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Carolly Erickson, the critically acclaimed biographer of the Tudor monarchs, as well as of Marie Antoinette and Queen Victoria, using her trademark ability to penetrate and explain the psychological make-up of her subjects, paints a fascinating portrait of an immensely complex and ultimately tragic woman.

"An incredible story of under-appreciated heroism." - USA Today

"A compelling biography of a masterful spy, and a reminder of what can be done with a few brave people -- and a little resistance." - NPR

The never-before-told story of Virginia Hall, the American spy who changed the course of World War II, from the author of Clementine

In 1942, the Gestapo sent out an urgent transmission: "She is the most dangerous of all Allied spies. We must find and destroy her."

The target in their sights was Virginia Hall, a Baltimore socialite who talked her way into Special Operations Executive, the spy organization dubbed Winston Churchill's "Ministry of Ungentlemanly Warfare." She became the first Allied woman deployed behind enemy lines and--despite her prosthetic leg--helped to light the flame of the French Resistance, revolutionizing secret warfare as we know it.

Virginia established vast spy networks throughout France, called weapons and explosives down from the skies, and became a linchpin for the Resistance. Even as her face covered wanted posters and a bounty was placed on her head, Virginia refused order after order to evacuate. She finally escaped through a death-defying hike over the Pyrenees into Spain, her cover blown. But she plunged back in, adamant that she had more lives to save, and led a victorious guerilla campaign, liberating swathes of France from the Nazis after D-Day.

Based on new and extensive research, Sonia Purnell has for the first time uncovered the full secret life of Virginia Hall--an astounding and inspiring story of heroism, spycraft, resistance, and personal triumph over shocking adversity. A Woman of No Importance is the breathtaking story of how one woman's fierce persistence helped win the war.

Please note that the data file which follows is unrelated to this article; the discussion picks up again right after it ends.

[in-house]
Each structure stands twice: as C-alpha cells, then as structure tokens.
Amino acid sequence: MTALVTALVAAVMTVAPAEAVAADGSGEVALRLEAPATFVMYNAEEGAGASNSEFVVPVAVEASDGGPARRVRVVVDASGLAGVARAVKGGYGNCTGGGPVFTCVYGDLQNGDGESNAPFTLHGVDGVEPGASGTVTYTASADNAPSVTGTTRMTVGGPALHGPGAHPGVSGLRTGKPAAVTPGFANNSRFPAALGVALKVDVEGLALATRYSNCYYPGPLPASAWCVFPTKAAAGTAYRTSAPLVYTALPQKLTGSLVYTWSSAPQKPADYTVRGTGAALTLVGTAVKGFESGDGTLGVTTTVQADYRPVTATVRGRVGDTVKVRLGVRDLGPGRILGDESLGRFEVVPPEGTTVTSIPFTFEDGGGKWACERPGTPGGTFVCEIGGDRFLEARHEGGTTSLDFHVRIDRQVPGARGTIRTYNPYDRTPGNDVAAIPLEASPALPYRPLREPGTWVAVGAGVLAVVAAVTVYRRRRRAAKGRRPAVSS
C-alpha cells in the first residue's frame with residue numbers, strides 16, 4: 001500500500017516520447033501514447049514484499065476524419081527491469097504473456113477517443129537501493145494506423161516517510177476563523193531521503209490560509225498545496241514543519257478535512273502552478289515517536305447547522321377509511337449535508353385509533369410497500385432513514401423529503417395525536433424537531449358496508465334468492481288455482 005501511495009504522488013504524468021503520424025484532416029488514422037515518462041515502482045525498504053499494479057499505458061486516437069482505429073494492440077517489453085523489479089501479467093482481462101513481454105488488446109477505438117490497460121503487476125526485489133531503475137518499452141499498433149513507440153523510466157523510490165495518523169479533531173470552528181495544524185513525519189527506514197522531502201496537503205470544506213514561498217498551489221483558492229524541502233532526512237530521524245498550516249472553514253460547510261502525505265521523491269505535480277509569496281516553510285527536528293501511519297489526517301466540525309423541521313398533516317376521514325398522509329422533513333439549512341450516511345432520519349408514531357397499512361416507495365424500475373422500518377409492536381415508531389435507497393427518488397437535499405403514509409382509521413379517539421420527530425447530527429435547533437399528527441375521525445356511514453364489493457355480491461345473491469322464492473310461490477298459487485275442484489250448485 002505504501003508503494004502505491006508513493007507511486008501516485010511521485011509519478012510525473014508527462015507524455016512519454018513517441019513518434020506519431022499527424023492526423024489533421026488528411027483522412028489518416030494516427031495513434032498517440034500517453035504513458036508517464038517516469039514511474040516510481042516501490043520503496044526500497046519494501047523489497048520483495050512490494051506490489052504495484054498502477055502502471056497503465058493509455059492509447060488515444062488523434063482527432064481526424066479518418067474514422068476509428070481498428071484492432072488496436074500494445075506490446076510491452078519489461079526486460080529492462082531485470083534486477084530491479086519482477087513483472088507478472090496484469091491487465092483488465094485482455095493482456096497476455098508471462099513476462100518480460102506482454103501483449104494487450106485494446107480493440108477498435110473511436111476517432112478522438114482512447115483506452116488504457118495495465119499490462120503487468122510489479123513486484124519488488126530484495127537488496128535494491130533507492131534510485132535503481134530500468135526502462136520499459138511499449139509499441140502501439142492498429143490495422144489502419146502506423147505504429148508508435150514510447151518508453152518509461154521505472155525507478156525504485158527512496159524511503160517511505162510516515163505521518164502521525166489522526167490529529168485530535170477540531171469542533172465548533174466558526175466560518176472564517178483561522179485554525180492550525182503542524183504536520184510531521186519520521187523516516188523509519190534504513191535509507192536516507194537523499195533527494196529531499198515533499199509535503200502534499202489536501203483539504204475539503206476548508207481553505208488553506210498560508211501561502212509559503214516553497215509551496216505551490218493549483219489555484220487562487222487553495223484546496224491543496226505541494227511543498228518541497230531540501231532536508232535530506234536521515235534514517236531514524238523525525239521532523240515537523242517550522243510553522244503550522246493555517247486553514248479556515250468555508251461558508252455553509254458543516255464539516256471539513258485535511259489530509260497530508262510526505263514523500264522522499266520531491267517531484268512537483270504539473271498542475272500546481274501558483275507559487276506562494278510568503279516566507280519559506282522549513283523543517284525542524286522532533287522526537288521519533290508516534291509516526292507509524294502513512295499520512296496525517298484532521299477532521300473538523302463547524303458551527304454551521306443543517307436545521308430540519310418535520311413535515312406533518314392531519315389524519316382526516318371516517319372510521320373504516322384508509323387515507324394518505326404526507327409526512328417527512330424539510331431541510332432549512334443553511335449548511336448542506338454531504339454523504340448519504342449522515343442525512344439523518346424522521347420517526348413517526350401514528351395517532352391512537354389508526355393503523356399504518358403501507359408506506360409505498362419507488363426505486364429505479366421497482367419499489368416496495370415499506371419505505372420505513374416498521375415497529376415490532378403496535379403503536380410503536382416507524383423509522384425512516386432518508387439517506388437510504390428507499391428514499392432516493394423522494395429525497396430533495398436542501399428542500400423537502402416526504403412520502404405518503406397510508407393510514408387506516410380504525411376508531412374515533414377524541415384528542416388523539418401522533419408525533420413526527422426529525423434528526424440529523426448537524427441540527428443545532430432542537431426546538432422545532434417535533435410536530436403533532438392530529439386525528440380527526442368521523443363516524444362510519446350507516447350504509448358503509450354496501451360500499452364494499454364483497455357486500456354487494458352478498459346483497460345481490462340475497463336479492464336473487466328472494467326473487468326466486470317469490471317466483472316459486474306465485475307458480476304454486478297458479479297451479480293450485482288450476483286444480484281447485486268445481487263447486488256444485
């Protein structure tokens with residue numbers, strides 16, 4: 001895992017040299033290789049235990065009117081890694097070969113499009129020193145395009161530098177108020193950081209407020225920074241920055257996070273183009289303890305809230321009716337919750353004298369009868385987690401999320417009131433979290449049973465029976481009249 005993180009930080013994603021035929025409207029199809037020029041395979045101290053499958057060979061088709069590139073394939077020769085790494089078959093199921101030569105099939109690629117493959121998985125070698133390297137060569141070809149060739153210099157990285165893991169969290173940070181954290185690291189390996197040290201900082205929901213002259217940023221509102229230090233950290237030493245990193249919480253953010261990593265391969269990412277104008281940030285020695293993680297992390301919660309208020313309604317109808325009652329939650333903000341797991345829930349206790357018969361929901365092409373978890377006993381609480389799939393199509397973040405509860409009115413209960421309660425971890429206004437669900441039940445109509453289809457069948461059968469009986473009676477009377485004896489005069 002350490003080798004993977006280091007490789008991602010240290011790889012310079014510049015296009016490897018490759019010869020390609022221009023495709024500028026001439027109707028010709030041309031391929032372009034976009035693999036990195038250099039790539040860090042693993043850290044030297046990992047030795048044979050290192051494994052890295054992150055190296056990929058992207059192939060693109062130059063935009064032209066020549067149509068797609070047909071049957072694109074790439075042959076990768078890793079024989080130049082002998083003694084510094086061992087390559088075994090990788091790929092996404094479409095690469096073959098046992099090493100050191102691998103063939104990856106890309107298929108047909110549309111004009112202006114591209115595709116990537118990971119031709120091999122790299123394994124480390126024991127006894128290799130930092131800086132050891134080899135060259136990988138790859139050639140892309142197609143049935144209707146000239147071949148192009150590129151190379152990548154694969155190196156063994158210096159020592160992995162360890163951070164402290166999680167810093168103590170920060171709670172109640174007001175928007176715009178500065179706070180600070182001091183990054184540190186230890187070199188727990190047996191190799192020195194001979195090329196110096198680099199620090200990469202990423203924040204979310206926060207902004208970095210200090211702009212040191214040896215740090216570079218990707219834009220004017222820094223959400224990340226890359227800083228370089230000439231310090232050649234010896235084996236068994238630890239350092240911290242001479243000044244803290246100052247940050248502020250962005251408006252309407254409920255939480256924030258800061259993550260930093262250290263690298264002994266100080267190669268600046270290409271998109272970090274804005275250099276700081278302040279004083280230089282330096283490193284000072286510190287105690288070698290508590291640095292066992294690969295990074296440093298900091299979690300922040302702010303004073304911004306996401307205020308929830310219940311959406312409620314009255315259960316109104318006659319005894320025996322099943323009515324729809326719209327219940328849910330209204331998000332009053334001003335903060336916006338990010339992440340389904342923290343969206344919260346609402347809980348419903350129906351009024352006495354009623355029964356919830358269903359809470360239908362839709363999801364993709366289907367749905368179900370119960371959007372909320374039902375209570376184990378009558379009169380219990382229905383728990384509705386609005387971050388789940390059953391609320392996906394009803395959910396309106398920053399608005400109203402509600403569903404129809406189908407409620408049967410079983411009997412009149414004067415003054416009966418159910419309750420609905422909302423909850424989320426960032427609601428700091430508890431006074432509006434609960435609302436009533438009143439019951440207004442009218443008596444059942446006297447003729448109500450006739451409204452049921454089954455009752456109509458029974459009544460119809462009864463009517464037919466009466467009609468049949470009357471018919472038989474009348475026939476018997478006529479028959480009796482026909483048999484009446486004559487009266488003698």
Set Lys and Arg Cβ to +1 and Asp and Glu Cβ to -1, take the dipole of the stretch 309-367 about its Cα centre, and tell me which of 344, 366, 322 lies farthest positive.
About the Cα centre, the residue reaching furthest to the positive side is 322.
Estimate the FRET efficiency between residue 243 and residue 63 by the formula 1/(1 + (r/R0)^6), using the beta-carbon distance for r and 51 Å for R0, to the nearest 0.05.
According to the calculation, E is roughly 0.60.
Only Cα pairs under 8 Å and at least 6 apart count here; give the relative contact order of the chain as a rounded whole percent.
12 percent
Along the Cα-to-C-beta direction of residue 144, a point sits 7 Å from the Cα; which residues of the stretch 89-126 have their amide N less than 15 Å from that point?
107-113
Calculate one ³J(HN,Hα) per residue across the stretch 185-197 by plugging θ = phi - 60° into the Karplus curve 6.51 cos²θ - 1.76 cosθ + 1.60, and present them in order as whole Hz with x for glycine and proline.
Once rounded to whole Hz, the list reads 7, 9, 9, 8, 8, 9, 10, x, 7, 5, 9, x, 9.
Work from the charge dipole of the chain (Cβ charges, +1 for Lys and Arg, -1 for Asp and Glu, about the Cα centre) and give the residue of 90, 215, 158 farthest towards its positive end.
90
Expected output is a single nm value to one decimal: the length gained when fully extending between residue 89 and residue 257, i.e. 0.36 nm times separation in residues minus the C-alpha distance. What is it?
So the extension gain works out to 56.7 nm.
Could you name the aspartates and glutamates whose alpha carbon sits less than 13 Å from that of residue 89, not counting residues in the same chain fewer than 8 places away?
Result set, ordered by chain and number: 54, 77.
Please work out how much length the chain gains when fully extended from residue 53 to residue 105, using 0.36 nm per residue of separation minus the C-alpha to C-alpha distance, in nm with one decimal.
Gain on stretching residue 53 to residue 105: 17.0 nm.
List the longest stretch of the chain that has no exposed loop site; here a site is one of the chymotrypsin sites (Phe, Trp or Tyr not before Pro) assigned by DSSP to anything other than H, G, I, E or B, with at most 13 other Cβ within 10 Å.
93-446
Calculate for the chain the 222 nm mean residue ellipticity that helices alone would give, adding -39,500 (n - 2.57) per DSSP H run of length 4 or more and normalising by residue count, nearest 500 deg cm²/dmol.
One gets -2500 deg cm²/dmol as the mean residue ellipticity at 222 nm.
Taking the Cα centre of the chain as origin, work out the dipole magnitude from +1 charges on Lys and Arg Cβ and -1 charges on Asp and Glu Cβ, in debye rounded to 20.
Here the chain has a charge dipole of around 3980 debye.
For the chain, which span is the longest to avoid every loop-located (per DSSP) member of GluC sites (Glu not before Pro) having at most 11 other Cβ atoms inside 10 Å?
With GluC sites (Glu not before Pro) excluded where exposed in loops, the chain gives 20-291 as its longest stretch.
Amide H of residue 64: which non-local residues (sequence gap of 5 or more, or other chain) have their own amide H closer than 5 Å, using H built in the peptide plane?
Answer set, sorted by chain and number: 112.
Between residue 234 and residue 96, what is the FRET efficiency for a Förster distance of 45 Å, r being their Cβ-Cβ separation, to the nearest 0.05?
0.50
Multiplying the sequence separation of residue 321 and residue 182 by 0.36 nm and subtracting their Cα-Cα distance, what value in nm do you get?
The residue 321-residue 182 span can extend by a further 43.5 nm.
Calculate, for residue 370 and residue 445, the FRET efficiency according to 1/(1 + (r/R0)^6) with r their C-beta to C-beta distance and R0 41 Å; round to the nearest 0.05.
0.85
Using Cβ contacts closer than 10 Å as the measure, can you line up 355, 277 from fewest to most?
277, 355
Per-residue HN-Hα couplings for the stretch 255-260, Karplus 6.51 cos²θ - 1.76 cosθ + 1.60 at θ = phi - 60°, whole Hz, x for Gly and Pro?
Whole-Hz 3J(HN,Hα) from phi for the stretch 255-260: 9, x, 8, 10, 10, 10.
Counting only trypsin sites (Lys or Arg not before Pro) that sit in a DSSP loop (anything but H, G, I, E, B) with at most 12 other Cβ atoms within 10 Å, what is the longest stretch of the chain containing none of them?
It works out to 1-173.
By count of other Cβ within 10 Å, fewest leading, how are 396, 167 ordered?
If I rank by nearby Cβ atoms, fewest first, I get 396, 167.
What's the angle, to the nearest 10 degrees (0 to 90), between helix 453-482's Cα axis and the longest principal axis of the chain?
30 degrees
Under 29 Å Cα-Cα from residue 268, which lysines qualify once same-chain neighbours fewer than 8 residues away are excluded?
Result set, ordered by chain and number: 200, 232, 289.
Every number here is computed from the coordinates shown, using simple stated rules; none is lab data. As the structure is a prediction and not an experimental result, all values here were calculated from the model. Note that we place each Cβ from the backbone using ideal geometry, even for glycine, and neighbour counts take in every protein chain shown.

The #1 bestseller that tells the remarkable story of the generations of American artists, writers, and doctors who traveled to Paris, the intellectual, scientific, and artistic capital of the western world, fell in love with the city and its people, and changed America through what they learned, told by America’s master historian, David McCullough.

Not all pioneers went west.

In The Greater Journey, David McCullough tells the enthralling, inspiring—and until now, untold—story of the adventurous American artists, writers, doctors, politicians, and others who set off for Paris in the years between 1830 and 1900, hungry to learn and to excel in their work. What they achieved would profoundly alter American history.

Elizabeth Blackwell, the first female doctor in America, was one of this intrepid band. Another was Charles Sumner, whose encounters with black students at the Sorbonne inspired him to become the most powerful voice for abolition in the US Senate. Friends James Fenimore Cooper and Samuel F. B. Morse worked unrelentingly every day in Paris, Morse not only painting what would be his masterpiece, but also bringing home his momentous idea for the telegraph. Harriet Beecher Stowe traveled to Paris to escape the controversy generated by her book, Uncle Tom’s Cabin. Three of the greatest American artists ever—sculptor Augustus Saint-Gaudens, painters Mary Cassatt and John Singer Sargent—flourished in Paris, inspired by French masters.

Almost forgotten today, the heroic American ambassador Elihu Washburne bravely remained at his post through the Franco-Prussian War, the long Siege of Paris, and the nightmare of the Commune. His vivid diary account of the starvation and suffering endured by the people of Paris is published here for the first time.

Telling their stories with power and intimacy, McCullough brings us into the lives of remarkable men and women who, in Saint-Gaudens’ phrase, longed “to soar into the blue.